Hank Green and other YouTube stars were selected to interview the President after the State of the Union. Responding to the critical reaction to these interviews, Green writes, “The shift in media consumption from television and newspaper to Facebook, Tumblr and Twitter has left a generation without a source of information that they can trust.” Green largely addresses what he calls “legacy media,” or major news outlets that expressed dismay at the President’s sitting down with new media, not more “qualified” interviewers. He brings up a salient point about the relevance of the press and the generational gap in access to information.
Members of the press are not just criticizing Green and his fellow YouTubers for not deserving the opportunity, Green argues, but they are also demonstrating just how threatened the press is by new media and the sources of information that reach a younger audience. This younger audience takes less stock in more traditional forms of media. “Legacy media” rejects those who do not arrive at legitimacy through the same channels they did. And in some ways, Green’s point about young people sensing legitimacy from new forms is well taken: there is no longer one way of establishing trustworthiness when reliable information can now be portrayed in more interesting ways and without the use of recycled political agendas. But not all sources of new media are trustworthy. There is a difference between earned trust and mere popularity.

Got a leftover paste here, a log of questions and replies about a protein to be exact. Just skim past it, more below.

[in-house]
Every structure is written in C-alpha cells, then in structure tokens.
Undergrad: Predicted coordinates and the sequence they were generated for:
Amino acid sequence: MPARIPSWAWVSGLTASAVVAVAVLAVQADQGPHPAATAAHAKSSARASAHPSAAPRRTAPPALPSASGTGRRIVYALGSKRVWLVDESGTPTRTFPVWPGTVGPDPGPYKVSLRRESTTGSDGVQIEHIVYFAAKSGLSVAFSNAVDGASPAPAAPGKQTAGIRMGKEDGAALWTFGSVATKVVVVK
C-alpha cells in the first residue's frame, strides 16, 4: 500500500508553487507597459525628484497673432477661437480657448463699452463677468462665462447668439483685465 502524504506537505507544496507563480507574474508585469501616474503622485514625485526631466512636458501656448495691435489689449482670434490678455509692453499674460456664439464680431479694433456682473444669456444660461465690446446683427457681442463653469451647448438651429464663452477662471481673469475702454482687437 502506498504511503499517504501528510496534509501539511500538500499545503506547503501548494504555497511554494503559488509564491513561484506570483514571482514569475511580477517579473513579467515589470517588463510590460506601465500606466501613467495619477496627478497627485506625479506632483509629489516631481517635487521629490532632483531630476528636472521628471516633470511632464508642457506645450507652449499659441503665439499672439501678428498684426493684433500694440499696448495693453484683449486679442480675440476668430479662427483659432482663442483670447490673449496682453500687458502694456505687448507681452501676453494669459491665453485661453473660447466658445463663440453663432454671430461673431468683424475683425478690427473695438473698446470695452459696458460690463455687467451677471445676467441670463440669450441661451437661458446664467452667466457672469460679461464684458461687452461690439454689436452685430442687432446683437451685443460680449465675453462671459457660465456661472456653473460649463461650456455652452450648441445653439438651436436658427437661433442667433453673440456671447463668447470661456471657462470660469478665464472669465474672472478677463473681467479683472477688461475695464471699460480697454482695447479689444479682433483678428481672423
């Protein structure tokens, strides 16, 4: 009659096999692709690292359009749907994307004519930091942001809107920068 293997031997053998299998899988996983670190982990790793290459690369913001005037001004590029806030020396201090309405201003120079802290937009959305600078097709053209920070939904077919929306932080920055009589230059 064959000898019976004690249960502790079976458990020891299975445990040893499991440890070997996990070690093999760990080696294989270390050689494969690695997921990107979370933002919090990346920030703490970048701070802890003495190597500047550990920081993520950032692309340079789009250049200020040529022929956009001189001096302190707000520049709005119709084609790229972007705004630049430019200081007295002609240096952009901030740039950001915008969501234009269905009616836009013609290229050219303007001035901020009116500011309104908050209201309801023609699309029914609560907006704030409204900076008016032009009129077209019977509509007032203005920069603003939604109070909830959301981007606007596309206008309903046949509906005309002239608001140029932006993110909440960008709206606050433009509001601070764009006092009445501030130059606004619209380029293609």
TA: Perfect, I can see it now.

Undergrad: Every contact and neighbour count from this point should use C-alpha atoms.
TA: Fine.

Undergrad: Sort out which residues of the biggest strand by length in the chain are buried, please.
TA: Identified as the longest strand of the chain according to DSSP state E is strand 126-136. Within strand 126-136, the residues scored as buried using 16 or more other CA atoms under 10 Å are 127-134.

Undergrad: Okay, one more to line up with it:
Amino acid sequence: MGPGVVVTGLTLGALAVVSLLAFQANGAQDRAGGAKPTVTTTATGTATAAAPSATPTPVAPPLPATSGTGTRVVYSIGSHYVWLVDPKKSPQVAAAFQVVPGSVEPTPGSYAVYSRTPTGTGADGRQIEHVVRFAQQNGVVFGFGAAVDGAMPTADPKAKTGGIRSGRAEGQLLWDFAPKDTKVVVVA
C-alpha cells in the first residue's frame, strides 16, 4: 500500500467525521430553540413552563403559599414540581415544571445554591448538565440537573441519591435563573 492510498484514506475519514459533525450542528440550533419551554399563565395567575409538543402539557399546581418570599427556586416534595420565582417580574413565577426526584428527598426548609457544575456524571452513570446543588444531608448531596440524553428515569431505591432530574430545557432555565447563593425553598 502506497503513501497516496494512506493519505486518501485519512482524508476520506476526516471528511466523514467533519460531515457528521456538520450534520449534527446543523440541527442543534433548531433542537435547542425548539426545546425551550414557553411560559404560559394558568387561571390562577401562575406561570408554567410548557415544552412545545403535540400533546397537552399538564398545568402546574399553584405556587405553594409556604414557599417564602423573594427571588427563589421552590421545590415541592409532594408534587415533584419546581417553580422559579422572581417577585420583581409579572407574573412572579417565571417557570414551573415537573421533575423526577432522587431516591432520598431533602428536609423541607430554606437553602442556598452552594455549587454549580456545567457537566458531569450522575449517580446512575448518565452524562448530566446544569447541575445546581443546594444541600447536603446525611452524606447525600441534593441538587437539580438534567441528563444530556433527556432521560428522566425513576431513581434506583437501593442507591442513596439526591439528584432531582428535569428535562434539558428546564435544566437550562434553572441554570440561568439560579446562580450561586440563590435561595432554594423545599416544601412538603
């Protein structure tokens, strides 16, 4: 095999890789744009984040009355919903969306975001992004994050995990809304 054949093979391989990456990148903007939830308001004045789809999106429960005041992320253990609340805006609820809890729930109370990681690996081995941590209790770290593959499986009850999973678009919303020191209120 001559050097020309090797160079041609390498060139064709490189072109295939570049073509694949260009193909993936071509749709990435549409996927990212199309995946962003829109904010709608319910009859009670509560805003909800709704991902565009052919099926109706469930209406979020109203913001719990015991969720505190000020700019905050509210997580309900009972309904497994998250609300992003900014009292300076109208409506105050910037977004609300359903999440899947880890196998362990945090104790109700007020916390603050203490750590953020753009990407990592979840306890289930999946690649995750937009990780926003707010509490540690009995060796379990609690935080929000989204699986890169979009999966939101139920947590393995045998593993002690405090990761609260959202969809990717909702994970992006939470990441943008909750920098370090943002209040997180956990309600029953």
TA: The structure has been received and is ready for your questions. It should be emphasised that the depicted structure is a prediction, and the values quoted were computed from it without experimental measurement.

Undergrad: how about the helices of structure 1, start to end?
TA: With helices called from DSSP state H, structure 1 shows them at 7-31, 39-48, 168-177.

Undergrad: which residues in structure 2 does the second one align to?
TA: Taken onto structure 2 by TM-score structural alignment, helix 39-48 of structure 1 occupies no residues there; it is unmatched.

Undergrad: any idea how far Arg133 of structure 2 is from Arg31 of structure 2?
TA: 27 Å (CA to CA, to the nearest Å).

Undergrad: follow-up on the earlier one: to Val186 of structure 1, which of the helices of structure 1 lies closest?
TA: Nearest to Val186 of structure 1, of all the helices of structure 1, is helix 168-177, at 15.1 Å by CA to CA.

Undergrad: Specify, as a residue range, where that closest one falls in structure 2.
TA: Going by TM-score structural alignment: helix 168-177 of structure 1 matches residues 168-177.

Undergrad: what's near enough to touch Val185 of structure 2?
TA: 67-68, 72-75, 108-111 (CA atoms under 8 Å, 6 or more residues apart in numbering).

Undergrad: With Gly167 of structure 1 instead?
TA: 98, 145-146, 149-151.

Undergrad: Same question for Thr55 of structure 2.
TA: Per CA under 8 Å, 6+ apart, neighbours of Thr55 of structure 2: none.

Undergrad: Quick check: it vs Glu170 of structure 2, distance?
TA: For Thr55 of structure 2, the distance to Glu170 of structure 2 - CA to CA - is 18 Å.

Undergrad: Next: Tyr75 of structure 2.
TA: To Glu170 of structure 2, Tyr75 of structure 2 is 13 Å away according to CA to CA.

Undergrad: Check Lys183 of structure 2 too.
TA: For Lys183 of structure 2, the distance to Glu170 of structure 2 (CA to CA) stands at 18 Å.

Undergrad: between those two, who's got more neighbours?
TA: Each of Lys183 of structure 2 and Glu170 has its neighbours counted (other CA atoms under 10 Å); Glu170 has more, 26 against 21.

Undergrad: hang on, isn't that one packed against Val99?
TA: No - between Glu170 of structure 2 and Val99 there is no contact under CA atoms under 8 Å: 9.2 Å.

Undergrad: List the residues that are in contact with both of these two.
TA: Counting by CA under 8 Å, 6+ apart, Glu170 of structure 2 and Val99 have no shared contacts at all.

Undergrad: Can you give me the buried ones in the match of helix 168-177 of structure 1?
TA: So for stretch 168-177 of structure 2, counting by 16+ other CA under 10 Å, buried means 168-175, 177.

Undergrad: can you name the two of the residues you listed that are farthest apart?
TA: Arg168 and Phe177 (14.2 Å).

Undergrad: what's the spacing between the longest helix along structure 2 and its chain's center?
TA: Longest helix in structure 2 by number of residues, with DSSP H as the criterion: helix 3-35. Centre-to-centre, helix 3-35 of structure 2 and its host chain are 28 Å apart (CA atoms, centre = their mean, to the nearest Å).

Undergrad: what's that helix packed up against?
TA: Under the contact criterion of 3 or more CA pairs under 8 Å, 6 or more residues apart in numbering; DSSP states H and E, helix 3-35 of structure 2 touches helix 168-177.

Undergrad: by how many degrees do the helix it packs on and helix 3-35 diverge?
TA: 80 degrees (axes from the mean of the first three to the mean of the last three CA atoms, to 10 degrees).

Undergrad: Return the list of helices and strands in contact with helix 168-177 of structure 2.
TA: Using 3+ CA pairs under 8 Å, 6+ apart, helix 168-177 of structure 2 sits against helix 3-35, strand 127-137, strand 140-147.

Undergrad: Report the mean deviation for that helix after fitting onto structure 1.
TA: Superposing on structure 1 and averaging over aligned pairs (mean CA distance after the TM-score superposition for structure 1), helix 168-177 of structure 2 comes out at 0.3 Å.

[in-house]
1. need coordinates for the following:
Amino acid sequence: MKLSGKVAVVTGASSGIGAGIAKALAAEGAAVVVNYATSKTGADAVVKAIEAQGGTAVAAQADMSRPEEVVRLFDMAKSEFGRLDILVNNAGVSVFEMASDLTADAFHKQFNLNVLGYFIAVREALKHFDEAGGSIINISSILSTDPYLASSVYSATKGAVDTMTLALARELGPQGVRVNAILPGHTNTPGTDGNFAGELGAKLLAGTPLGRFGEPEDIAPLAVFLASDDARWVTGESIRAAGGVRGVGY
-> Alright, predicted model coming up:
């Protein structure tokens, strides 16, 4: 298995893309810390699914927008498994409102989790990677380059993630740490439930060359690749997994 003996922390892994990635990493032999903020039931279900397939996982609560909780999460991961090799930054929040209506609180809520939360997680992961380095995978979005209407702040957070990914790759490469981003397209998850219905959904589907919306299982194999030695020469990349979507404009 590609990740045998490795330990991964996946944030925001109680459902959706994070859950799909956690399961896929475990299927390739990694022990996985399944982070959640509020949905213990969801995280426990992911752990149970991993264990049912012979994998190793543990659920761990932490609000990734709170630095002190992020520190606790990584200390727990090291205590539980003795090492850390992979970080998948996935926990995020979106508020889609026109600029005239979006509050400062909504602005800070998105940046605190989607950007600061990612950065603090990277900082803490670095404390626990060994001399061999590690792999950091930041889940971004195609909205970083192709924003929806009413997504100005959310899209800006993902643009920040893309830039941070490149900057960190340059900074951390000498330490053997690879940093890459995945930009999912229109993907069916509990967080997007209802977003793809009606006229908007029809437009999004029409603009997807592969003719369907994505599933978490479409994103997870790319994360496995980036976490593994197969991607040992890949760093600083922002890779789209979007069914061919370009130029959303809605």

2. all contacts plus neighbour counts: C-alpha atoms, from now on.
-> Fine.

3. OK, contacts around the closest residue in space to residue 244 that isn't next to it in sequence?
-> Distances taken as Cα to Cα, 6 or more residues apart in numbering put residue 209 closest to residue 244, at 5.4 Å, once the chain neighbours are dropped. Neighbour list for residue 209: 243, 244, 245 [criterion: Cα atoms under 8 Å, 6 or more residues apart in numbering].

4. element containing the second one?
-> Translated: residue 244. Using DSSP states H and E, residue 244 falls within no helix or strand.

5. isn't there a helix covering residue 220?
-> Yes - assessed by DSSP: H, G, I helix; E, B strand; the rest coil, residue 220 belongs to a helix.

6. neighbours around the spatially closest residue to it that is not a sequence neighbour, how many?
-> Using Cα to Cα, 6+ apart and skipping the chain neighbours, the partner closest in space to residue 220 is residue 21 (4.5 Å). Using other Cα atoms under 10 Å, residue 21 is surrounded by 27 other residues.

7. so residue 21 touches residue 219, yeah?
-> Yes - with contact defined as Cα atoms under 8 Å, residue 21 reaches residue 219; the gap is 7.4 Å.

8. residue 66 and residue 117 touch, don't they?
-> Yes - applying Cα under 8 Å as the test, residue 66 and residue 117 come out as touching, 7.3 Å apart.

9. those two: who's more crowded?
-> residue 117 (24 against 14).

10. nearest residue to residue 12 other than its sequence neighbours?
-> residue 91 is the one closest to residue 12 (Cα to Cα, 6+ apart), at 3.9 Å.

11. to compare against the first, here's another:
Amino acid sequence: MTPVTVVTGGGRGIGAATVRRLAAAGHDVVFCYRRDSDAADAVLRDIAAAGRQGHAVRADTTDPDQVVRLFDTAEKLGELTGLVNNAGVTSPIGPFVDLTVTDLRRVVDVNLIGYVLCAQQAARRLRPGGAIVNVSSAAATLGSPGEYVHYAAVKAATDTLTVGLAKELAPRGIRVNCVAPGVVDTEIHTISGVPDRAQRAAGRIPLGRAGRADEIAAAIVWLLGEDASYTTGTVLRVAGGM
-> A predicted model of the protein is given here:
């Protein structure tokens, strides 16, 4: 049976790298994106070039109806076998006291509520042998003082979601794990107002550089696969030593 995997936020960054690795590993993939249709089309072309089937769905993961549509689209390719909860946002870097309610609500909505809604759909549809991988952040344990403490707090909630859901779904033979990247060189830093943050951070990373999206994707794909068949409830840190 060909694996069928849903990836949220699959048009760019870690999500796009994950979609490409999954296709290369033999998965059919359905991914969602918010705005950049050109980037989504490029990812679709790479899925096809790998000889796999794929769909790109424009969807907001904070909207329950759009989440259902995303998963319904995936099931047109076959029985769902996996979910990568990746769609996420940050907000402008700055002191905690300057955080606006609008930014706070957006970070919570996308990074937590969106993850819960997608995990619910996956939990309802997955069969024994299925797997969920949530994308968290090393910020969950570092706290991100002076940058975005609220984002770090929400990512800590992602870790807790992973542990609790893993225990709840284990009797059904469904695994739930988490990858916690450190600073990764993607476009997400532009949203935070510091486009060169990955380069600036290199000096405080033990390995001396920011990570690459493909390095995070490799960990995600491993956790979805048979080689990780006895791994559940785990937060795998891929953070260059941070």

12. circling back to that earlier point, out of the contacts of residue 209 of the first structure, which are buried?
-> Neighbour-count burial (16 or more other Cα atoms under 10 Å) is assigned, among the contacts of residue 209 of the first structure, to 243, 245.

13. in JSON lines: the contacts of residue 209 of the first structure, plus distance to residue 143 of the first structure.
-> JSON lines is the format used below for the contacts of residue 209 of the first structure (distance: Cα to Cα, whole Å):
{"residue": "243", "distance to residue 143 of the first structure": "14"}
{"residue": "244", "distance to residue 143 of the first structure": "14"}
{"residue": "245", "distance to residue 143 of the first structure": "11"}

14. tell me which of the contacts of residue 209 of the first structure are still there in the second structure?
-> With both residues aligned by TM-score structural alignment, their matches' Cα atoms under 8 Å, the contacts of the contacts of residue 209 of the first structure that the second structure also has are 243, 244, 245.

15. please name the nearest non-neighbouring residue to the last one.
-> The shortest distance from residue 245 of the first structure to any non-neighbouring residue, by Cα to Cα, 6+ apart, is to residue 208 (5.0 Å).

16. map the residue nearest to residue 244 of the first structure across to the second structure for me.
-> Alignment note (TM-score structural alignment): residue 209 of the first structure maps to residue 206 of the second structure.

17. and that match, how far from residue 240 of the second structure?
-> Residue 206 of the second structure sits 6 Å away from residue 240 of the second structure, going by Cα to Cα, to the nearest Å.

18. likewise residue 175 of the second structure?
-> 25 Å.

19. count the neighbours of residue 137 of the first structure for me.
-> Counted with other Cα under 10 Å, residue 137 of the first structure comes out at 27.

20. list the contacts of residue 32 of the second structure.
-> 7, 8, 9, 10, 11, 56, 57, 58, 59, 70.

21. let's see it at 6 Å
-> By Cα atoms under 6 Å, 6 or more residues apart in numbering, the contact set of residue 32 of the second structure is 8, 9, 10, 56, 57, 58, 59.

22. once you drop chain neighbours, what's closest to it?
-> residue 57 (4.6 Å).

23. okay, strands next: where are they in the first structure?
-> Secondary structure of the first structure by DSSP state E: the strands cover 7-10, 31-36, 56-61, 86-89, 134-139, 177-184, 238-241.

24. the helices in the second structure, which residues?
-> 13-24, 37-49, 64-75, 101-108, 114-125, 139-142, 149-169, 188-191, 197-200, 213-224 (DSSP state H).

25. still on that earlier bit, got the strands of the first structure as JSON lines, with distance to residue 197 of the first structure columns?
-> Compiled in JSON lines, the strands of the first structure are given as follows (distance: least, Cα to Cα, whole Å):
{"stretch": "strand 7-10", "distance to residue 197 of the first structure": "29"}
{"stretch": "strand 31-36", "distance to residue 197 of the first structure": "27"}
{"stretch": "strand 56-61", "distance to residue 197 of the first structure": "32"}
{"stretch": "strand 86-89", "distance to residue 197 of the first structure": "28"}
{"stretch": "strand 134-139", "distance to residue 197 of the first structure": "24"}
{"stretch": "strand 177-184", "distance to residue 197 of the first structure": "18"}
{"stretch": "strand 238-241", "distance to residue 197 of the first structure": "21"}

YouTube, for instance, is an excellent vehicle for storytelling as well as education. It advances the idea among our generation that lives should be represented online and shared, and that we should break down barriers to news and people. Much of what gets trafficked on YouTube, though, deserves more criticism. Vlogging, or video blogging, shows paid YouTube content providers through the lens of their daily lives. These daily lives are often no more than shopping or filler time in between filming a video. And these videos are often no more than viral challenges or makeup tutorials that rack up millions of views based on the creators’ popularity. This isn’t news. It is celebrity worship.
This isn’t to say that these videos aren’t meaningful. Bethany Mota, one of the most popular YouTubers and one of the President’s chosen interviewers, films “What’s In My Bag?” videos in which she reveals the kinds of things she keeps in her purse, “hauls” videos in which she shows her viewers items she recently bought and “favorites” videos in which she reviews her favorite products. The seemingly trivial result is a never-ending spiral of feminized, conspicuous consumption geared mostly to young girls. Green points out that Mota also touches on important topics like youth bullying and self-acceptance. The reality, though, is that though this content might be meaningful and worthy of the popularity of its platform, Mota’s motivations are not to inform, or show her artistry, or perform. Just because her new media content is meaningful and therefore popular does not make it as legitimate as the press.